Thursday, October 15, 2009

Virginia Gubernatorial Candidates Weigh in on LGBT Rights

In a televised debate in Richmond on Monday night, candidates for the governor's office, Republican candidate Bob McDonnell and Democrat Creigh Deeds both went on record about LGBT rights. Executive order 1 (2006) signed by Governor Tim Caine in January 2006 and previously by Mark Warner in 2002 became a subject of the debate.

McDonnell said that if elected, he would not sign the order, which prohibits discrimination against Virginia state employees on the basis of race, religion, sex, physical disability or sexual orientation. He did  say, however that there would no discrimination in his office.

According to the Roanoke Times,
"McDonnell restated his opposition to Gov. Tim Kaine's executive order which added sexual orientation to the state government's nondiscrimination policy. McDonnell said he opposed the order on constitutional grounds, and that the General Assembly should decide such matters. Deeds said he would renew the order."
Virginia has no anti-discrimination law protecting LGBT people. That's right. In the commonwealth it is perfectly legal to fire someone on the basis of sexual orientation or gender identity. Only the executive order, signed by two consecutive governors, stands between queer Virginians and homophobic employers and the scope of that protection is extremely limited.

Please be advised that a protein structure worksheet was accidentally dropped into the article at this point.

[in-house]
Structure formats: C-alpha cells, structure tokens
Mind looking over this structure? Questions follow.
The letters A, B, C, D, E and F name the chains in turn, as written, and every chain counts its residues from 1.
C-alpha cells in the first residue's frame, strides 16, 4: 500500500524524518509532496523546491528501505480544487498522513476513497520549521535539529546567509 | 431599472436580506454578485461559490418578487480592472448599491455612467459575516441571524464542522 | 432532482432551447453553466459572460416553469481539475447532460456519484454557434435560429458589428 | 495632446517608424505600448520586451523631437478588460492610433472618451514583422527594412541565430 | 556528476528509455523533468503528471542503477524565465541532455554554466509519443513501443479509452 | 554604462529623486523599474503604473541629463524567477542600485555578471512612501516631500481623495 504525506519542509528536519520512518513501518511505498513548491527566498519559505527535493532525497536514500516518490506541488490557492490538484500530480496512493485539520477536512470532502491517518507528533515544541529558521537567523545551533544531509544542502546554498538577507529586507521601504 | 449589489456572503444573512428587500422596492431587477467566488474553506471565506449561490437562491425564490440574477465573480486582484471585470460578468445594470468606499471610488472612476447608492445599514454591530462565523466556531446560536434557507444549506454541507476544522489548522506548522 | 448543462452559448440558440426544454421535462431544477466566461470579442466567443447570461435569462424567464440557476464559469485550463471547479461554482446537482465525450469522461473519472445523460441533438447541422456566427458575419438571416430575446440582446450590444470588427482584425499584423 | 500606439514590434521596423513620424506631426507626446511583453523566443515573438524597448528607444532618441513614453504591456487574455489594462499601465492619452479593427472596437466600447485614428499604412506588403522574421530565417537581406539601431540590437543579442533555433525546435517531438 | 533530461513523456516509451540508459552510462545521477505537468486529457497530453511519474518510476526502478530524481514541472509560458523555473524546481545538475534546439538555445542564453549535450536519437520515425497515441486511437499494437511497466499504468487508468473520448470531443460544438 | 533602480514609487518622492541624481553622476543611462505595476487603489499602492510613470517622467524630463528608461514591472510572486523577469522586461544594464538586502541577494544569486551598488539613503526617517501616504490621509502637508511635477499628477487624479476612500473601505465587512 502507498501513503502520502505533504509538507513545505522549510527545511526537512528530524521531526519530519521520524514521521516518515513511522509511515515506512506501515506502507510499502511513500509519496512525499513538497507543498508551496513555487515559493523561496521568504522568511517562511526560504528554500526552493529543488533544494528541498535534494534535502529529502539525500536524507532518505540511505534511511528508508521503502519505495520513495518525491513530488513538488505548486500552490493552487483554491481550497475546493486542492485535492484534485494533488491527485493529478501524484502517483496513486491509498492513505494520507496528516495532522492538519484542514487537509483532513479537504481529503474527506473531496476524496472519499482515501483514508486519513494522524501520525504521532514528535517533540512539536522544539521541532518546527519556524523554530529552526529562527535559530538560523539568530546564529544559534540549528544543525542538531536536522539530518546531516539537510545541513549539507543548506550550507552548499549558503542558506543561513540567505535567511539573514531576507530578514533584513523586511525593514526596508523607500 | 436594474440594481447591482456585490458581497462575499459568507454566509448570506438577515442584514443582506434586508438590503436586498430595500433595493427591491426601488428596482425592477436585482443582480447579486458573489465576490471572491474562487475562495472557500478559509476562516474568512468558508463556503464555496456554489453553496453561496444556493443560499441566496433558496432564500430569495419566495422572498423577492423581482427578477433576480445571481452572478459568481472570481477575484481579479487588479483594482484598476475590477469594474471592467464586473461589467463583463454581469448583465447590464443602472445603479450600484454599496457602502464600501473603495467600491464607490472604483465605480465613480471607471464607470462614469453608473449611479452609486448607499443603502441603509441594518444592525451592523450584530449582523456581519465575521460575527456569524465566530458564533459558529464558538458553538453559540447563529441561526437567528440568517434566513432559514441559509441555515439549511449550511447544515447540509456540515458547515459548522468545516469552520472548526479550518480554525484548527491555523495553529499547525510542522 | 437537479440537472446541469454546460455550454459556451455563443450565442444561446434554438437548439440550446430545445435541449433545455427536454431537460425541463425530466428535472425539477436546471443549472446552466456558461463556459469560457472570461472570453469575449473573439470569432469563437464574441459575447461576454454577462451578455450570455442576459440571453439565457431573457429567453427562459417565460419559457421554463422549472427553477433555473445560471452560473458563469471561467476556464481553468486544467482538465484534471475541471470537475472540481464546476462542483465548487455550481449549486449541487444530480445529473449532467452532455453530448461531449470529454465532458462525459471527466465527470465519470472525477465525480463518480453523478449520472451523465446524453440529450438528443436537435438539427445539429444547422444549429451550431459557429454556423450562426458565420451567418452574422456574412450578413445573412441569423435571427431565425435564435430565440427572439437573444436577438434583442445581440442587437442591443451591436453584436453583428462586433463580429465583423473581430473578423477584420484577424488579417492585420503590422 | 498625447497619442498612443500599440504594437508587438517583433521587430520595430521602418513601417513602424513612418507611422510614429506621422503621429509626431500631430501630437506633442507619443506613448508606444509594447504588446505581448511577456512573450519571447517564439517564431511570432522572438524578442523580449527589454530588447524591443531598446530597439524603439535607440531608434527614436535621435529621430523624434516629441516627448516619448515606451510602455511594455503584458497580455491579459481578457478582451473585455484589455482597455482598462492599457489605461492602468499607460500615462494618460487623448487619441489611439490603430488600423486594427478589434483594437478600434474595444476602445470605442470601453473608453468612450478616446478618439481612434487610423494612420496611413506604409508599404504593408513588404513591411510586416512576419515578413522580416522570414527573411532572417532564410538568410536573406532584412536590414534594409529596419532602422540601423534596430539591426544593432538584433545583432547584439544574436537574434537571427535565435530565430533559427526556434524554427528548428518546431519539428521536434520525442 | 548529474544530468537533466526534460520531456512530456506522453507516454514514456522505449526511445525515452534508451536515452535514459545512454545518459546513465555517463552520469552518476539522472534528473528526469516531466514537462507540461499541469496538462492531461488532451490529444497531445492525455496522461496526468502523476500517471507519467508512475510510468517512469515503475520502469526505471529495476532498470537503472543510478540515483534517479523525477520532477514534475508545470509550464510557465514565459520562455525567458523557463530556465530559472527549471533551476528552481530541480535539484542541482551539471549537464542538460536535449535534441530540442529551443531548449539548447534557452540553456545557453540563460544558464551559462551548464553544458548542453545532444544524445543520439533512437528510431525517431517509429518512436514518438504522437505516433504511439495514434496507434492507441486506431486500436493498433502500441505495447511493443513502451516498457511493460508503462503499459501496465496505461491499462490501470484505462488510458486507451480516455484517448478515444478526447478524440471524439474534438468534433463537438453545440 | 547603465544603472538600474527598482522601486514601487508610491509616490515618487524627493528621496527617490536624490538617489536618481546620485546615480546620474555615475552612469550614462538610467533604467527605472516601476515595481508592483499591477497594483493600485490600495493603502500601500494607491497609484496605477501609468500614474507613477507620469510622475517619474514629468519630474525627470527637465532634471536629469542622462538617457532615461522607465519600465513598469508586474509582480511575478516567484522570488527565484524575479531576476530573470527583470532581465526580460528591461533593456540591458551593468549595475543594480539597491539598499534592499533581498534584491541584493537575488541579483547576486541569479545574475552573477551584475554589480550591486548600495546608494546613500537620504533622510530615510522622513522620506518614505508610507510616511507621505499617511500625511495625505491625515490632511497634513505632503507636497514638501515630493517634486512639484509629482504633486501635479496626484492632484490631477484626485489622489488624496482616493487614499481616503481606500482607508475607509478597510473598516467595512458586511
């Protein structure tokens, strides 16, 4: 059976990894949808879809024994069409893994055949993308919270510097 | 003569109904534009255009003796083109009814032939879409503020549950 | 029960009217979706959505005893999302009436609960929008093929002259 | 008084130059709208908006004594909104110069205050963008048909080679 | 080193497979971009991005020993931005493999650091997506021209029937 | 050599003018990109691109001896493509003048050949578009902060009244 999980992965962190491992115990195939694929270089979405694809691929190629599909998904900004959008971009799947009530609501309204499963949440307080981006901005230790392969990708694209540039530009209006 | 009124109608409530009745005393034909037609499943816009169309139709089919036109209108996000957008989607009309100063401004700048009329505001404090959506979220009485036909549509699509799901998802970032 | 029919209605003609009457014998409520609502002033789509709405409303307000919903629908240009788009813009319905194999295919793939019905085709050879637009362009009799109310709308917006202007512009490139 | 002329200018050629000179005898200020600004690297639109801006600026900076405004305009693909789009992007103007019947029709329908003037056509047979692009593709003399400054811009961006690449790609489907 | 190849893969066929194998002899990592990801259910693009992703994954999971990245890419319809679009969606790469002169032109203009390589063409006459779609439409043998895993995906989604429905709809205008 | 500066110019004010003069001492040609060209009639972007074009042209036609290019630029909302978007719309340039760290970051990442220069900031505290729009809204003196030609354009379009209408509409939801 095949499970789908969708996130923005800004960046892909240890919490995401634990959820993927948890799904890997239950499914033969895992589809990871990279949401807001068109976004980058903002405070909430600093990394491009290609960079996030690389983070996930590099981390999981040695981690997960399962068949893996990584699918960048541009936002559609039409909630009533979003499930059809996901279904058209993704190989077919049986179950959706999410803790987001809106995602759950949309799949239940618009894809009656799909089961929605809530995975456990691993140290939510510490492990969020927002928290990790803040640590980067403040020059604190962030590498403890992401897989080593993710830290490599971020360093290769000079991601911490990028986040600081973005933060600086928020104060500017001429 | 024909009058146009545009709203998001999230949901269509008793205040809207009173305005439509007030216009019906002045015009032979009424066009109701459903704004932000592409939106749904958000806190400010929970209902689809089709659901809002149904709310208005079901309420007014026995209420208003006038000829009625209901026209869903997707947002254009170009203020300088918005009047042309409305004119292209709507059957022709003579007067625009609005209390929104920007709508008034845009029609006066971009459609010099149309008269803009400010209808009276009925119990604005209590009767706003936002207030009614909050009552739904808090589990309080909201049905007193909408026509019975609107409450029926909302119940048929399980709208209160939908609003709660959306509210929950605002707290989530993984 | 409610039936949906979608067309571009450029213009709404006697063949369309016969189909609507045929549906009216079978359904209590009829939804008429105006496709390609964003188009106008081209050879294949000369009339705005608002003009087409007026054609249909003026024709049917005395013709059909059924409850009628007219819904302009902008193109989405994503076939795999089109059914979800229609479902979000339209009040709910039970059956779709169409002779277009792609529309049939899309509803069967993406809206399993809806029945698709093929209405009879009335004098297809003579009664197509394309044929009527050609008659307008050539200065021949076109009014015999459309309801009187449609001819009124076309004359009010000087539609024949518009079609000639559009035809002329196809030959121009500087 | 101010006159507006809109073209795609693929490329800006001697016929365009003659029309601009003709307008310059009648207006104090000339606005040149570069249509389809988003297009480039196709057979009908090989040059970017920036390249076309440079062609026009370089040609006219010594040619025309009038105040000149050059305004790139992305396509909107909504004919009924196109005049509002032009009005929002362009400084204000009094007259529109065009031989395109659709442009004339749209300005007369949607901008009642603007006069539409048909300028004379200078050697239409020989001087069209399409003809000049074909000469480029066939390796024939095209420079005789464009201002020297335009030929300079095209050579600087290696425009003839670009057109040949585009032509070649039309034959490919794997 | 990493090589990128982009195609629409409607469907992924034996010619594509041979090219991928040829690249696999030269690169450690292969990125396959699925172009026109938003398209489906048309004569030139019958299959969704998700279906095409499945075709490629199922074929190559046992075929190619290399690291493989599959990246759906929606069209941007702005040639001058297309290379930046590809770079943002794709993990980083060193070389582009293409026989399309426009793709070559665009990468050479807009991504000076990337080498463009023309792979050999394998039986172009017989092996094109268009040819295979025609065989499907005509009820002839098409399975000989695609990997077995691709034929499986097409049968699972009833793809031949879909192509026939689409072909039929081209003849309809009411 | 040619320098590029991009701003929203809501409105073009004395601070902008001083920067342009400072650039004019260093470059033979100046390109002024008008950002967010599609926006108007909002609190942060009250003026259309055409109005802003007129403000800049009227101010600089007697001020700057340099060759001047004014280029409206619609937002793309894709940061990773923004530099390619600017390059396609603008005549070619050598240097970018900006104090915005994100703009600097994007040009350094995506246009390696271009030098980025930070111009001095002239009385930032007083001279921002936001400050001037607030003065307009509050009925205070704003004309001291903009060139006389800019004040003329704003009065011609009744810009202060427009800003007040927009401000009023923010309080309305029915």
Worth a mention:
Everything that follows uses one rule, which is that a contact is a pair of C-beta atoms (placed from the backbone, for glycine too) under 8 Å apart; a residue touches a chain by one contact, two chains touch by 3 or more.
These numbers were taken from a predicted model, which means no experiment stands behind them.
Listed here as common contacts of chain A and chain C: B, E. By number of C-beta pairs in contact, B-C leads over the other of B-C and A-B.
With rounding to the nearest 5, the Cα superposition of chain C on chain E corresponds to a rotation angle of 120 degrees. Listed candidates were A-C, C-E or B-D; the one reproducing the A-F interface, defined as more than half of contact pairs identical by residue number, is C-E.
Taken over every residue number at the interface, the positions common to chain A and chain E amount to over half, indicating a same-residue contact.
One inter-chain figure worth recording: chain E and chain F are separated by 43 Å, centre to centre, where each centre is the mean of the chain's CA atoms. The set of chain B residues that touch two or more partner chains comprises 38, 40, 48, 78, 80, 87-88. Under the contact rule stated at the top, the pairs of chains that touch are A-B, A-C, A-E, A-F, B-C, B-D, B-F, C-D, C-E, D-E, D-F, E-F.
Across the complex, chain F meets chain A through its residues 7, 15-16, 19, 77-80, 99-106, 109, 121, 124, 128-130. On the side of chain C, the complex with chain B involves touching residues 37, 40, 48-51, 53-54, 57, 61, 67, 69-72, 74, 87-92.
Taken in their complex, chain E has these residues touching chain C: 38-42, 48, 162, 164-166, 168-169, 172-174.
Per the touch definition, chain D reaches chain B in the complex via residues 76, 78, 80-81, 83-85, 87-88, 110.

Although it was assumed to protect all state workers, a court case testing the scope of the executive order earlier this year found just how limited it is. A lawsuit filed against the commonwealth by former Martinsville, Va. resident Michael W. Moore, who was forced to resign from his job at the Virginia Natural History Museum because he is gay,  prompted the governor's office to make this clarification:
"The governor 'feels very strongly' about non-discrimination in the state workforce, but that the executive order would be enforced within the executive branch of government as opposed to the court system. The executive order remains in place, and it will be enforced as an internal policy. If anybody is found to have been fired or discriminated against based on sexual orientation, they can be dealt with through personnel procedures of the state."

That's right, if you don't work in the statehouse, or have been appointed by the governor, you're on your own. Michael Hamar, the attorney who represented Moore, wrote about the case on Bilerico Project/Washington DC back in July. It gives a fascinating inside look at the appalling lack of movement on LGBT rights in Virginia. You can read it here.

To be honest, I'm not very impressed by either candidate in the governor's race. I find that once again we are forced to choose between the lesser of two evils. McDonnell is as rabidly anti-LGBT equality and Deeds is, as usual on the fence, although he recently said his views are "evolving".

I say we help Deeds embrace evolution..

The final gubernatorial debate is scheduled for Tuesday, October 20 at 7 pm at Roanoke College in Salem. The debate will be televised and press coverage should be heavy. I am calling on every LGBT person in and around southwestern Virginia to turn out in force to demonstrate against homophobia and to demand that the governor's office support full equality for LGBT Virginians.

If you went to the march in DC last weekend, if you wanted to go but couldn't, if you believe in equality for all Americans, be there on Tuesday, October, 20th at 7 pm and stand up for yourselves. No one will do it for you.

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